Having stumbled upon this question (and answer): https://stackoverflow.com/questions/2170843/va-virtual-adress-rva-relative-virtual-address on my quest for understanding Windows' PE format, I'm wondering: why is the default imagebase value 0x400000? Why couldn't we just start at 0? A VA would then be, in all practical purposes, equal to an RVA.

I'm clearly missing something, but I've been unable to find a reasonable explanation of this for the last 40 minutes.

  • well, zero would be the bios area... so thats a no go... stack and heap can start at around 0x10000 and some other dlls etc are down there (.nls files and so on) open up an exe in ollydbg, then look at the memory view, you'll see whats down there, typically its some system stuff, at least one nls file on my system and the start of the stack of the main thread and higher than 0x80000000 (on 32 bit anyway) is for mem mapped files, drivers and such
    – evlncrn8
    Sep 15, 2014 at 18:44
  • 1
    @evlcrn8 Hold on - the OS translates all memory references to physical locations anyway, so by no means can I access BIOS stuff or pretty much anything that doesn't belong to me... isn't it so?
    – user4520
    Sep 15, 2014 at 18:45
  • 3
    @evlcrn8: By default, memory at 0x00000000 is unmapped; it most certainly is not "the bios area". And files mapped into memory from user-mode are mapped below 0x80000000. Sep 15, 2014 at 18:49
  • i just remember it as the bios area from the old dos days, and it kinda stuck with me, im pretty sure files mapped via mapviewoffile were at the > 0x80000000 when i tested though
    – evlncrn8
    Sep 15, 2014 at 19:18
  • Address 0 is usually reserved by the OS because it makes it easier to debug null dereference bugs (by crashing). I would not be surprised if parts of the DOS support uses address 0 but that does not matter to normal Windows processes.
    – Anders
    Mar 1, 2022 at 1:42

2 Answers 2


why is the default imagebase value 0x400000?

From Peering Inside the PE: A Tour of the Win32 Portable Executable File Format:

In executables produced for Windows NT, the default image base is 0x10000. For DLLs, the default is 0x400000. In Windows 95, the address 0x10000 can't be used to load 32-bit EXEs because it lies within a linear address region shared by all processes. Because of this, Microsoft has changed the default base address for Win32 executables to 0x400000.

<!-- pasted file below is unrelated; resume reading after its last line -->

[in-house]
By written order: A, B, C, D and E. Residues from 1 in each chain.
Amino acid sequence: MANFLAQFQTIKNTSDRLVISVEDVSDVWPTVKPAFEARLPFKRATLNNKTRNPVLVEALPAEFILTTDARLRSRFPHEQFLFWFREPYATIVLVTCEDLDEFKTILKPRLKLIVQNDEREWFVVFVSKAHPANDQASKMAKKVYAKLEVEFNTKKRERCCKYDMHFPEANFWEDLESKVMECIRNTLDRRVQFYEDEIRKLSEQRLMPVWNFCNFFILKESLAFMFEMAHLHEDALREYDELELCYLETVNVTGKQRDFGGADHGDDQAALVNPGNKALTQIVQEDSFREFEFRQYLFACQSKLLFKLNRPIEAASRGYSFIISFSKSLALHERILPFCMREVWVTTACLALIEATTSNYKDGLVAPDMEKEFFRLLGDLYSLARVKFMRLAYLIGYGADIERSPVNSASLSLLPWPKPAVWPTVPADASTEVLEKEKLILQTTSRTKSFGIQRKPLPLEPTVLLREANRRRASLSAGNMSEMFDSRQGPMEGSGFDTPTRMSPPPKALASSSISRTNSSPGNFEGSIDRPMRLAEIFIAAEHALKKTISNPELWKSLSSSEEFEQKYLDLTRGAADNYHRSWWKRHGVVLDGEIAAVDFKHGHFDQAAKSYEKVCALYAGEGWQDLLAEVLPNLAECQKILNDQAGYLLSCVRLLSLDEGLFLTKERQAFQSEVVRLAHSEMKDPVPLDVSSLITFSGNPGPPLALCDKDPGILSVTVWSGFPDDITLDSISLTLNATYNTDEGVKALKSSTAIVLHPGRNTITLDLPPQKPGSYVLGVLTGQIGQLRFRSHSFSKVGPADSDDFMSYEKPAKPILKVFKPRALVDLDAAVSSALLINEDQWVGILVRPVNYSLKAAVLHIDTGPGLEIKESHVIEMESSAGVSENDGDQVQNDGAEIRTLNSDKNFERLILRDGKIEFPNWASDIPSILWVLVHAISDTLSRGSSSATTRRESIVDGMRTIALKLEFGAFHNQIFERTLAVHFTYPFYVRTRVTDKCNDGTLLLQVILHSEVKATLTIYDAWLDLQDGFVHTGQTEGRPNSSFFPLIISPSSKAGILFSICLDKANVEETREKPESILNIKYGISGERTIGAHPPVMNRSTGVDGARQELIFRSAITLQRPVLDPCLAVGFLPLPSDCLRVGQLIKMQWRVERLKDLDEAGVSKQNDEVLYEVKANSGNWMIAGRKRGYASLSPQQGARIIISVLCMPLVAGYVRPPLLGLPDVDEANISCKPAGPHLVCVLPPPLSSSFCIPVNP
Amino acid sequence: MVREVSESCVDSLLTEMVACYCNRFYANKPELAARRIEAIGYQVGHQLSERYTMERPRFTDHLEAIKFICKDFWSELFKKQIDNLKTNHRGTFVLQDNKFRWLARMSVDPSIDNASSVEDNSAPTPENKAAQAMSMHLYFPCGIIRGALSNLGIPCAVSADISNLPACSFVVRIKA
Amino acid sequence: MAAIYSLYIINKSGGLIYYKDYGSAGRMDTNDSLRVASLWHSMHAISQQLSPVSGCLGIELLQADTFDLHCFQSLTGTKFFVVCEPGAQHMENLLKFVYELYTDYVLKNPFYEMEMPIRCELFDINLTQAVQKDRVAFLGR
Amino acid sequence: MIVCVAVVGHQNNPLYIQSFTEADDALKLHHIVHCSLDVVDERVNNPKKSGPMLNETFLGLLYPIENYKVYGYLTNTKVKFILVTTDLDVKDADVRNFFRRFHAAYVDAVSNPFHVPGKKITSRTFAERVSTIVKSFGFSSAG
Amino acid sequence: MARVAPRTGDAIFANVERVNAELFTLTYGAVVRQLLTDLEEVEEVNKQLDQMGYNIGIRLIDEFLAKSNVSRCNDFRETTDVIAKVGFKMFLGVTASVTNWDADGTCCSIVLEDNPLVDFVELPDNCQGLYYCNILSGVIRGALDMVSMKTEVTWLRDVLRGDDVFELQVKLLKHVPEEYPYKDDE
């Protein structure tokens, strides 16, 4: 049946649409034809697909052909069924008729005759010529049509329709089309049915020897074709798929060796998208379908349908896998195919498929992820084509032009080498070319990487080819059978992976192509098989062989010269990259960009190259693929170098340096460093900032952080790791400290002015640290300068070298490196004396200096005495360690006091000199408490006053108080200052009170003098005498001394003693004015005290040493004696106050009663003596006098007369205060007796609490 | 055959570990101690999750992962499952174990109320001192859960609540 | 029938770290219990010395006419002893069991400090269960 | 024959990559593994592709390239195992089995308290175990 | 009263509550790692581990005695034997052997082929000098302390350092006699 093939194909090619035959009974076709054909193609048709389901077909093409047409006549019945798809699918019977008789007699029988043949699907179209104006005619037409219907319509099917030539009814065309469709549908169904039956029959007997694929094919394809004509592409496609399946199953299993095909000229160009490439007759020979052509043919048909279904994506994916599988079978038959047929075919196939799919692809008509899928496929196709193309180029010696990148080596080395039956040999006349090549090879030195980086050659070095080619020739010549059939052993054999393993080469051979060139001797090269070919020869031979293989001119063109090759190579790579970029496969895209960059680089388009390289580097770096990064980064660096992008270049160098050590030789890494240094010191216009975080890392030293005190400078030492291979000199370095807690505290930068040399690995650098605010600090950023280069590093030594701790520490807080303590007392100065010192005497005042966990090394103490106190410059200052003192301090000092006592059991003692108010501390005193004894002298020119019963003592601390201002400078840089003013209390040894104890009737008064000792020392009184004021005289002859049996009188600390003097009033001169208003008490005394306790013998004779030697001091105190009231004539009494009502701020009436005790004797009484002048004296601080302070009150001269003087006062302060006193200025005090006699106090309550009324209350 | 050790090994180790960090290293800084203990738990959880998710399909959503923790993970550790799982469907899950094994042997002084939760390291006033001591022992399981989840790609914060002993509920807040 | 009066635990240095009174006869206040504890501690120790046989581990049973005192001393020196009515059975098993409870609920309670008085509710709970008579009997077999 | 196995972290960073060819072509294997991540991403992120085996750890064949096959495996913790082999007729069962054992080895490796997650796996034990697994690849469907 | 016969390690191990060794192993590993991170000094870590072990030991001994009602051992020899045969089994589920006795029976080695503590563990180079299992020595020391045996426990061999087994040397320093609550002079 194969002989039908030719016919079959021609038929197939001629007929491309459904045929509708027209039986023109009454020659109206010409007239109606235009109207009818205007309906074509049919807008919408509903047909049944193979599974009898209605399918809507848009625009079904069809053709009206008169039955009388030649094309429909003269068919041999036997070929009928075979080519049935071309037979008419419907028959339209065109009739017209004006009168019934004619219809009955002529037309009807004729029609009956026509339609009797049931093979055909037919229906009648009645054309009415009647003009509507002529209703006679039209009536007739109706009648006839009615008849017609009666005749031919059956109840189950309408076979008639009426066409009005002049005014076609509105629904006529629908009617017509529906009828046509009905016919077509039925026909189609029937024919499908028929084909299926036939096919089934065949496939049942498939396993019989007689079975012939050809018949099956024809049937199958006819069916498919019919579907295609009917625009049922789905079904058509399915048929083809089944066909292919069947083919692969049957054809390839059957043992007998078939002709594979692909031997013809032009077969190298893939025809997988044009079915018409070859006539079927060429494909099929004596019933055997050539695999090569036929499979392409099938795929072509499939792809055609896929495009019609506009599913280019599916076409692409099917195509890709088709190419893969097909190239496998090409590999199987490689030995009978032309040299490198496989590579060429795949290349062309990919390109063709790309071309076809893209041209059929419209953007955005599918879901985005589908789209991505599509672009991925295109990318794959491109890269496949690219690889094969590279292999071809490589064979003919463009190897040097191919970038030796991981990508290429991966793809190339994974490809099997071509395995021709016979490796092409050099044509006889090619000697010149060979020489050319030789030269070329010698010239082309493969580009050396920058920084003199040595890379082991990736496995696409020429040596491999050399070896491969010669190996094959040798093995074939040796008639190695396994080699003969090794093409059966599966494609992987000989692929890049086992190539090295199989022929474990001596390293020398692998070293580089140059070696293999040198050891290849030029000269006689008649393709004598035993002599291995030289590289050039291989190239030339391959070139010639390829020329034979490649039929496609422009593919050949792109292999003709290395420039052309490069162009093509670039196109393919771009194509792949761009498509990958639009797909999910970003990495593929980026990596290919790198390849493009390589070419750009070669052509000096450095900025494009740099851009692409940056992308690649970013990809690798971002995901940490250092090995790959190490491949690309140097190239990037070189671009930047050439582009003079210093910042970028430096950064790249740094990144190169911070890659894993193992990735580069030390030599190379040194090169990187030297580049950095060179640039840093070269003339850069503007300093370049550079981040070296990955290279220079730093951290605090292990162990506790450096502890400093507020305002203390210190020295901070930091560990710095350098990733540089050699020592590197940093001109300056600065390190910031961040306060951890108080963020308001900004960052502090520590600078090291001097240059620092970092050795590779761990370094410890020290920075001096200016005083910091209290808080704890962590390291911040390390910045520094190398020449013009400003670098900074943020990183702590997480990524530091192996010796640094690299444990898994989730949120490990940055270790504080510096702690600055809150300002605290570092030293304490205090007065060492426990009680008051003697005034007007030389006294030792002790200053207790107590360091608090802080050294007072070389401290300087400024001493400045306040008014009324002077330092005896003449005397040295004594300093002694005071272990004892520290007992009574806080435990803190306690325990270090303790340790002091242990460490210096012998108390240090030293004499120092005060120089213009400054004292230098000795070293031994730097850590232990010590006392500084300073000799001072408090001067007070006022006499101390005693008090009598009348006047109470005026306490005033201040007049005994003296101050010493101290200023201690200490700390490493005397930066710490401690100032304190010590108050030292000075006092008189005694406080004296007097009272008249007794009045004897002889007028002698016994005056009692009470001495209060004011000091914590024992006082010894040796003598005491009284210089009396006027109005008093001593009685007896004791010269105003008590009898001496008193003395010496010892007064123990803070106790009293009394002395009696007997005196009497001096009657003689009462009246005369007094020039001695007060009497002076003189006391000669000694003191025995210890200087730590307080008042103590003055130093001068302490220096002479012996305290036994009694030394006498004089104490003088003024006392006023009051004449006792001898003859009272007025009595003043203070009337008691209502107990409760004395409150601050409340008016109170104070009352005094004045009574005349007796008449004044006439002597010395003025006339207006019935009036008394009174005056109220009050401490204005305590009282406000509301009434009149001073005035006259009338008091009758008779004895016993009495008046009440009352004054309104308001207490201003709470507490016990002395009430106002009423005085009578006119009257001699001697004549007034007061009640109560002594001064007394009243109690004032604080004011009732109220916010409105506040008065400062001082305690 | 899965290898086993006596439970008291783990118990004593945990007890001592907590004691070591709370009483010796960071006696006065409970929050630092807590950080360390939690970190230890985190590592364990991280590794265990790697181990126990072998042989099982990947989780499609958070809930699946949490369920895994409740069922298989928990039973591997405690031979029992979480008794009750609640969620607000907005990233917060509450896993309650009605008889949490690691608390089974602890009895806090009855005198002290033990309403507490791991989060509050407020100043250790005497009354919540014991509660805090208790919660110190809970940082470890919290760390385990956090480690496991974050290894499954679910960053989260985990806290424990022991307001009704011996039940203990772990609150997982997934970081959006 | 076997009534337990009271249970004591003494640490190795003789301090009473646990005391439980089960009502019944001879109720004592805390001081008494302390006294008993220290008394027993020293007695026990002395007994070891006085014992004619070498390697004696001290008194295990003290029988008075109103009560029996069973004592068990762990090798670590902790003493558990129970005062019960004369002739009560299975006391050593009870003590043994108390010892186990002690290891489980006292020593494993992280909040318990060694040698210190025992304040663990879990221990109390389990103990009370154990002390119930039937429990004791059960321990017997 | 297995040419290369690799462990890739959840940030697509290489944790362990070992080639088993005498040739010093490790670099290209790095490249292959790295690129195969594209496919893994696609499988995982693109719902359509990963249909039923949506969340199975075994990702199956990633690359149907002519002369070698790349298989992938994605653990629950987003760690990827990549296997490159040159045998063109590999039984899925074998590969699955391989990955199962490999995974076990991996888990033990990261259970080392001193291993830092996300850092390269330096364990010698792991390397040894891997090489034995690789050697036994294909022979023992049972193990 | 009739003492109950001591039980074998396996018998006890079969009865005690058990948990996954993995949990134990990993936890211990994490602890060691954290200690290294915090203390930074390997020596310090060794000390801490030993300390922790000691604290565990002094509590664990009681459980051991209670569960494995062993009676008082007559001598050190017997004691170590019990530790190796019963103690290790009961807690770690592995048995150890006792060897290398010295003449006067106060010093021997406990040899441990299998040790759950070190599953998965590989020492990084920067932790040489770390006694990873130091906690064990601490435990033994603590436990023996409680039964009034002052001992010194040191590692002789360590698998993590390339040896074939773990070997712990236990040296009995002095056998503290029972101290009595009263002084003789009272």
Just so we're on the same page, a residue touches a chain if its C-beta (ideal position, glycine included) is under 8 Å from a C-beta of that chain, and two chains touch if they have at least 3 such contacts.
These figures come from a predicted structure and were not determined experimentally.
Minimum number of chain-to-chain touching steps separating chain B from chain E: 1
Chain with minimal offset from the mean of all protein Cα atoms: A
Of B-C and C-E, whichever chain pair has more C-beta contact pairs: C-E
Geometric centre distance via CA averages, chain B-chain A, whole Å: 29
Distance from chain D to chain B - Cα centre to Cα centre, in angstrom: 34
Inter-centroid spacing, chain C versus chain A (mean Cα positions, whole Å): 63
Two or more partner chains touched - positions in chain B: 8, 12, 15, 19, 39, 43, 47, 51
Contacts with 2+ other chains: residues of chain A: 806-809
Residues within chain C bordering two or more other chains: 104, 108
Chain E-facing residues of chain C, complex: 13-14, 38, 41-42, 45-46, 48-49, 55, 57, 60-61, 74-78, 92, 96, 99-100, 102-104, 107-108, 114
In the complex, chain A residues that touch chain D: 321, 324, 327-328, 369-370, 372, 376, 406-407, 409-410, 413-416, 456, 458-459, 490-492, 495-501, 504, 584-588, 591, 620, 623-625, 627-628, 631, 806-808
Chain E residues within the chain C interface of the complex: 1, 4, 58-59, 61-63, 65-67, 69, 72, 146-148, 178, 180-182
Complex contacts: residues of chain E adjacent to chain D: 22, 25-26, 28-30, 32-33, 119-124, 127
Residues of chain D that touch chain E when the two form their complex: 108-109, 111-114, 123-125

Note that the default (or "preferred") base address is set by the linker (GCC's ld, Microsoft VC++'s link.exe, etc.) at build-time; the default (or "preferred") base address is not determined by Windows.

  • the microsoft one is a bit odd, last time i looked it works from the name of the module, and calculates the base from that
    – evlncrn8
    Sep 15, 2014 at 19:16
  • 1
    @evlncrn8: According to msdn.microsoft.com/en-us/library/f7f5138s.aspx, even the latest MS VC++ link.exe uses 0x400000 as the default base address. Sep 15, 2014 at 20:00
  • @evlncrn8: you might be seeing "load address randomization".
    – JDługosz
    Sep 15, 2014 at 22:08
  • 5
    Raymond Chen posted a detailed writup on this exact question: blogs.msdn.com/b/oldnewthing/archive/2014/10/03/10562176.aspx
    – QAZ
    Oct 3, 2014 at 14:23
  • 2
    @QAZ: Wow, he posted that this morning. Maybe this StackExchange question prompted Raymond to write that blog post :) I'd say that the explanation given in that new blog post is more complete than the one to which I linked above, so feel free to post it as an answer here (so you get credit) and I'll be happy to vote it up. Oct 3, 2014 at 14:38

you can alter the base if you so wish msvc compile drivers with an image base of 0x10000

:\>kd -c "!dh acpi;q" -z c:\WINDOWS\system32\drivers\acpi.sys | grep -i image
00010000 image base
    5.01 image version
   2DD80 size of image


here is how to alter usermode executables imagebase base must be multiples of 64k if base:0 is used exe will be having an image base of 0x10000

:\>dir /b & type * & cl /nologo /Zi * /link /base:0x200000 & dir /b


#include <stdio.h>
#include <stdlib.h>
int main (void)
    printf("all the bases belongs to base\n");

all the bases belongs to base

:\>cdb -c "q;" sysbp.exe | grep -i modload
ModLoad: 00200000 00222000   sysbp.exe
ModLoad: 7c900000 7c9b2000   ntdll.dll
ModLoad: 7c800000 7c8f6000   C:\WINDOWS\system32\kernel32.dll


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